House Speaker Kevin McCarthy, R-Calif., announced Sunday that Congress would be taking up legislation against TikTok this week. McCarthy cited concerns about China having access to TikTok user data and the technological tentacles of the Chinese Communist Party. Chinese Foreign Ministry spokesperson Mao Ning responded by claiming the U.S. made a presumption of guilt against TikTok without presenting any evidence that threatens its national security.
Last Thursday, TikTok CEO Shou Zi Chew testified before the House Energy and Commerce Committee, insisting the platform has never turned over user data to the Chinese government and wouldn’t do so if asked. Despite his testimony, lawmakers from both sides of the aisle and the FBI have raised concerns that Chinese law compels Chinese companies like ByteDance to hand over data to the government.
Rep. Mike Gallagher, R-Wis., who chairs the House select committee on U.S. competition with China, said he believed Chew's testimony has "increased the likelihood Congress would take some action" on the issue, whether that be legislation for an all out ban or a forced sale of TikTok to an American company. Rep. Dan Crenshaw, R-Texas, warned American teenagers and TikTok influencers that their data might be accessed now, but they will care about it when they are older.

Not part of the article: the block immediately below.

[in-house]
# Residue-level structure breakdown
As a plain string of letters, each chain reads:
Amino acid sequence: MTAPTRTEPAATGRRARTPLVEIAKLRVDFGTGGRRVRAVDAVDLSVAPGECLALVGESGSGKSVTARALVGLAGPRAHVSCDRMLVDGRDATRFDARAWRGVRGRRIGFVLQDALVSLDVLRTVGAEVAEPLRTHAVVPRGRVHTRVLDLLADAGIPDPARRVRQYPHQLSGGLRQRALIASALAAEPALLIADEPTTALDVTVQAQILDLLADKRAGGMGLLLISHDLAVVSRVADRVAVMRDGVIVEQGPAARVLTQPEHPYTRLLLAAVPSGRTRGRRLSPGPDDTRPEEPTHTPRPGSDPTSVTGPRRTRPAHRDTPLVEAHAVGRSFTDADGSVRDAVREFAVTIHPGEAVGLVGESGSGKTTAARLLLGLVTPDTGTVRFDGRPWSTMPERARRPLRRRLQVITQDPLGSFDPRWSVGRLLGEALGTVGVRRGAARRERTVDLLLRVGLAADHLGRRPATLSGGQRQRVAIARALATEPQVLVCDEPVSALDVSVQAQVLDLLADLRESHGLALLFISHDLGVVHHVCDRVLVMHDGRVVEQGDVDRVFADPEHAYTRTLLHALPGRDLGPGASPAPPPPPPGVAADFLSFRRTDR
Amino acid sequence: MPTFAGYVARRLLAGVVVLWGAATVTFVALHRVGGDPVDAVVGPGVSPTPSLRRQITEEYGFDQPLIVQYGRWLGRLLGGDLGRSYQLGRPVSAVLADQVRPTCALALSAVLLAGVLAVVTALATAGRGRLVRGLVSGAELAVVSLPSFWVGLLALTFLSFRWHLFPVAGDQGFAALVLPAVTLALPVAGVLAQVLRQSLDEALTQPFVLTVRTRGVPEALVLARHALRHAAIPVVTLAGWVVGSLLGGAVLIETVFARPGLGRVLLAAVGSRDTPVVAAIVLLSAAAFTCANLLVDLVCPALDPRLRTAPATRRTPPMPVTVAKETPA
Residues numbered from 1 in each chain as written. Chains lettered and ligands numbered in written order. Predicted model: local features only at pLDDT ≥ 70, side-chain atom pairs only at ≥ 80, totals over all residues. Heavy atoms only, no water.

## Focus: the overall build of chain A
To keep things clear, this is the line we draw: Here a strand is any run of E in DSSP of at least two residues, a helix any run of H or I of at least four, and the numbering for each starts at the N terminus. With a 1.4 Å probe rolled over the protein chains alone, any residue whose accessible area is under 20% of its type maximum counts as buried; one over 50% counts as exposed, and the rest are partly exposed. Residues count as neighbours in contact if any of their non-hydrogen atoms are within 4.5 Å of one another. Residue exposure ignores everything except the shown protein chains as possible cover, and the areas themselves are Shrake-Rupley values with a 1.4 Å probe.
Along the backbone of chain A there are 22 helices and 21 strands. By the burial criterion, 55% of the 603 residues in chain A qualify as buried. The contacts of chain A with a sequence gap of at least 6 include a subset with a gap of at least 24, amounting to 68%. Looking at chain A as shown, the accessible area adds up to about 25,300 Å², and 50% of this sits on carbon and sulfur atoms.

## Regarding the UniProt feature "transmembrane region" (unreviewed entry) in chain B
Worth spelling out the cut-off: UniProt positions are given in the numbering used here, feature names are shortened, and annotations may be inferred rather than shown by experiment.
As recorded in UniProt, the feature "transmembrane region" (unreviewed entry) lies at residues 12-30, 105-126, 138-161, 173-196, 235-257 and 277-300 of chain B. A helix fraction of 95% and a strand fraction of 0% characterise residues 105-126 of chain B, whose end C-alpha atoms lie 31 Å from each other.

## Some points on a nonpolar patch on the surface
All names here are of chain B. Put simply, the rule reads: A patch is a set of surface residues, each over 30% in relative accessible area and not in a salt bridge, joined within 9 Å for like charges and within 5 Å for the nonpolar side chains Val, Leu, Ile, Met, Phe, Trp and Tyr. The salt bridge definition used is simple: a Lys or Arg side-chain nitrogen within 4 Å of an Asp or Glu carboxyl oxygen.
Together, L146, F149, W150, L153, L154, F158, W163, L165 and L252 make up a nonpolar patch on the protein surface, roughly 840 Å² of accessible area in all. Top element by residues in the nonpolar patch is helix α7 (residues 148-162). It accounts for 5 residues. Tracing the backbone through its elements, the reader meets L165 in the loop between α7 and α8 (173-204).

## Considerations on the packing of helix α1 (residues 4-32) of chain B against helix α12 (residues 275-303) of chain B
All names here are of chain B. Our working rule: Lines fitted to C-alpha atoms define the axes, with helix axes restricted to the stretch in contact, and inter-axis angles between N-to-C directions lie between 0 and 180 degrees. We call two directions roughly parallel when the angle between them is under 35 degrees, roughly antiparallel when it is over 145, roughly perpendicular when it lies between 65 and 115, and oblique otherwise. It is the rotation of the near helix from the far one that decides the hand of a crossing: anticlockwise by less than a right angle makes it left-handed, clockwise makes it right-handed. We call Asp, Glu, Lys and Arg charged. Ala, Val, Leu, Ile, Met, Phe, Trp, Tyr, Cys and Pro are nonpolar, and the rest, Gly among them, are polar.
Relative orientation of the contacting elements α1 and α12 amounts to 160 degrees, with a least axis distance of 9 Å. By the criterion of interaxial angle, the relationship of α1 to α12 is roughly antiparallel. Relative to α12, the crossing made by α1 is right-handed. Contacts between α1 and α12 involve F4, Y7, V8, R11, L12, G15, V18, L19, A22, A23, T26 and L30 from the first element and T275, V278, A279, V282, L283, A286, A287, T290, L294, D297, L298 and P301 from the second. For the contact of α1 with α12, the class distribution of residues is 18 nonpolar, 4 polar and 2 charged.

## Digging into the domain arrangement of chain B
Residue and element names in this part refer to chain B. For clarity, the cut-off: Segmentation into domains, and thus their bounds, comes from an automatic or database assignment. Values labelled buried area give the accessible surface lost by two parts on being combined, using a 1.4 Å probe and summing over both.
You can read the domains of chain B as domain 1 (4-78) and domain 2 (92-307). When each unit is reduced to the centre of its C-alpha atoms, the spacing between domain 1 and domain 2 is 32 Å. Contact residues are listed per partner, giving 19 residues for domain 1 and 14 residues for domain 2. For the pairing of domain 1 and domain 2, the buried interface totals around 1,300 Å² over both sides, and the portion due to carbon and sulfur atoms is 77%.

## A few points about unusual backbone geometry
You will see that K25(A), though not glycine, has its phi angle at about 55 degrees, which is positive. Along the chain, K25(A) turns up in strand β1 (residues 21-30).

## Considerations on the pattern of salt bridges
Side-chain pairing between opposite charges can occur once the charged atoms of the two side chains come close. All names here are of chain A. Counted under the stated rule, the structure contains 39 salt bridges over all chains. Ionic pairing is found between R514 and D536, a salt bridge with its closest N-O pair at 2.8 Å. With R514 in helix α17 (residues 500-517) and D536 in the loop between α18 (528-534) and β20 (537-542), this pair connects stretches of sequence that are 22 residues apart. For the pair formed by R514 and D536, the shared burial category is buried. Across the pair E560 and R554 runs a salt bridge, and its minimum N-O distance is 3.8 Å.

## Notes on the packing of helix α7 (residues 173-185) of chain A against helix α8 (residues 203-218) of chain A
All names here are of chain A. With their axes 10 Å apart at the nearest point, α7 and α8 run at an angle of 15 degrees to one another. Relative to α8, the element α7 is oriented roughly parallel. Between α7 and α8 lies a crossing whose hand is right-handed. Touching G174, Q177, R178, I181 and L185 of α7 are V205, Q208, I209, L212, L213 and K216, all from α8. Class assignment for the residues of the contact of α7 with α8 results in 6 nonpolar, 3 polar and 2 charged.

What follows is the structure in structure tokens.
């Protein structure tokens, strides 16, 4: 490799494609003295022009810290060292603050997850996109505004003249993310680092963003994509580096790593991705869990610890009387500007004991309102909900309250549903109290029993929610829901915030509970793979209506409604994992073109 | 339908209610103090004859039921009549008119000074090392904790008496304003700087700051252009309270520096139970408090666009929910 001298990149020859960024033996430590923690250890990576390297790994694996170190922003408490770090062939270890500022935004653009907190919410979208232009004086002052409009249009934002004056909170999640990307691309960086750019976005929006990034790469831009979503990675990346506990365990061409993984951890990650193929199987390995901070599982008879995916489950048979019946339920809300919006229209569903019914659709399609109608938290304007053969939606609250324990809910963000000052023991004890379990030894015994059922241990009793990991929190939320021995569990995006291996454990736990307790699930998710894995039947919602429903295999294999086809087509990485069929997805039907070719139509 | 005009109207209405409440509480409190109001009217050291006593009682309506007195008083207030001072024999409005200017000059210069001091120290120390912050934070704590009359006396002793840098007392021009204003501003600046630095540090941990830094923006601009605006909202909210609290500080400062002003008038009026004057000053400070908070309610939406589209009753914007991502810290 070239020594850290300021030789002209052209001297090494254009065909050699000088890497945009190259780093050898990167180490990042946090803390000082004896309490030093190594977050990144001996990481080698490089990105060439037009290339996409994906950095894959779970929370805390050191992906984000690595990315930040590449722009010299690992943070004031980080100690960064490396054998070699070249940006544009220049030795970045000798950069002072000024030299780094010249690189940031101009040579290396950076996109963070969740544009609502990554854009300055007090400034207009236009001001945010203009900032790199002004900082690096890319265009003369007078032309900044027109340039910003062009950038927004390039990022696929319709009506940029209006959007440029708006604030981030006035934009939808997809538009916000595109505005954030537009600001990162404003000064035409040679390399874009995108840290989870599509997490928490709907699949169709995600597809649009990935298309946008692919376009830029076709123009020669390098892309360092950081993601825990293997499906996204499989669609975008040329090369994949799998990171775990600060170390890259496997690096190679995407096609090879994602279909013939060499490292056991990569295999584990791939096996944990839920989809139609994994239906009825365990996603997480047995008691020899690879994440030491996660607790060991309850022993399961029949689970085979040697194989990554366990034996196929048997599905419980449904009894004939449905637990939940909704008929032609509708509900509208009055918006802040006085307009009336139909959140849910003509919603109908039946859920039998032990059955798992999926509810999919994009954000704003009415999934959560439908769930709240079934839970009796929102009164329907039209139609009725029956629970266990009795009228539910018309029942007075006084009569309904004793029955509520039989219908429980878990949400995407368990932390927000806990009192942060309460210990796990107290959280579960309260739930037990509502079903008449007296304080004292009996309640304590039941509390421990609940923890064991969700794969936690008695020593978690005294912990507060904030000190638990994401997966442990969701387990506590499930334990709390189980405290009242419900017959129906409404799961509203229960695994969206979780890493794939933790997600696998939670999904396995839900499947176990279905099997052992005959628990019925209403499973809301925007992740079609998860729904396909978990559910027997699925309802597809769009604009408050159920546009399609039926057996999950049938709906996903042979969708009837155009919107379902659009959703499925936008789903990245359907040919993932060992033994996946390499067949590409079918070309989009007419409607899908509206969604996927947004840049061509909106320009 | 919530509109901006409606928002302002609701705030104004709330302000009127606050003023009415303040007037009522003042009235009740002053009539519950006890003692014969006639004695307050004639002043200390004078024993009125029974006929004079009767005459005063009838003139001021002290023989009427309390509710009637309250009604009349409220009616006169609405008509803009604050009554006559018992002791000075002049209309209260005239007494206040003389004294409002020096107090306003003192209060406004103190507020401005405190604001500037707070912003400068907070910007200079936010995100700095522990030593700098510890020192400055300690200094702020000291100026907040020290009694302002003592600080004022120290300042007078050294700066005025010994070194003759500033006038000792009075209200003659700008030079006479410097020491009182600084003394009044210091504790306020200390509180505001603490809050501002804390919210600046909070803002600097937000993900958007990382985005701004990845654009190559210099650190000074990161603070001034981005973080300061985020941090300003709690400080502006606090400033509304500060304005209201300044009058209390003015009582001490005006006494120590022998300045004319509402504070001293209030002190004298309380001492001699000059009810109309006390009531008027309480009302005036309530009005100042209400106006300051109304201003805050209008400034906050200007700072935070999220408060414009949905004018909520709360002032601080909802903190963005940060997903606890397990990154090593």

Rep. Alexandria Ocasio-Cortez, D-N.Y., was criticized for defending TikTok after it was revealed parent company ByteDance gave six-figure donations to the Black and Hispanic caucus nonprofits.
TikTok itself has been trying to leverage its popularity by sending dozens of influencers to Congress to lobby against a ban and ramping up a broader public relations campaign. The platform also touts 150 million active users in the United States.
As a result of this controversy, it remains to be seen what action Congress will take on regulating or banning the app. It is clear, however, that the issue is of major concern to both sides of the aisle.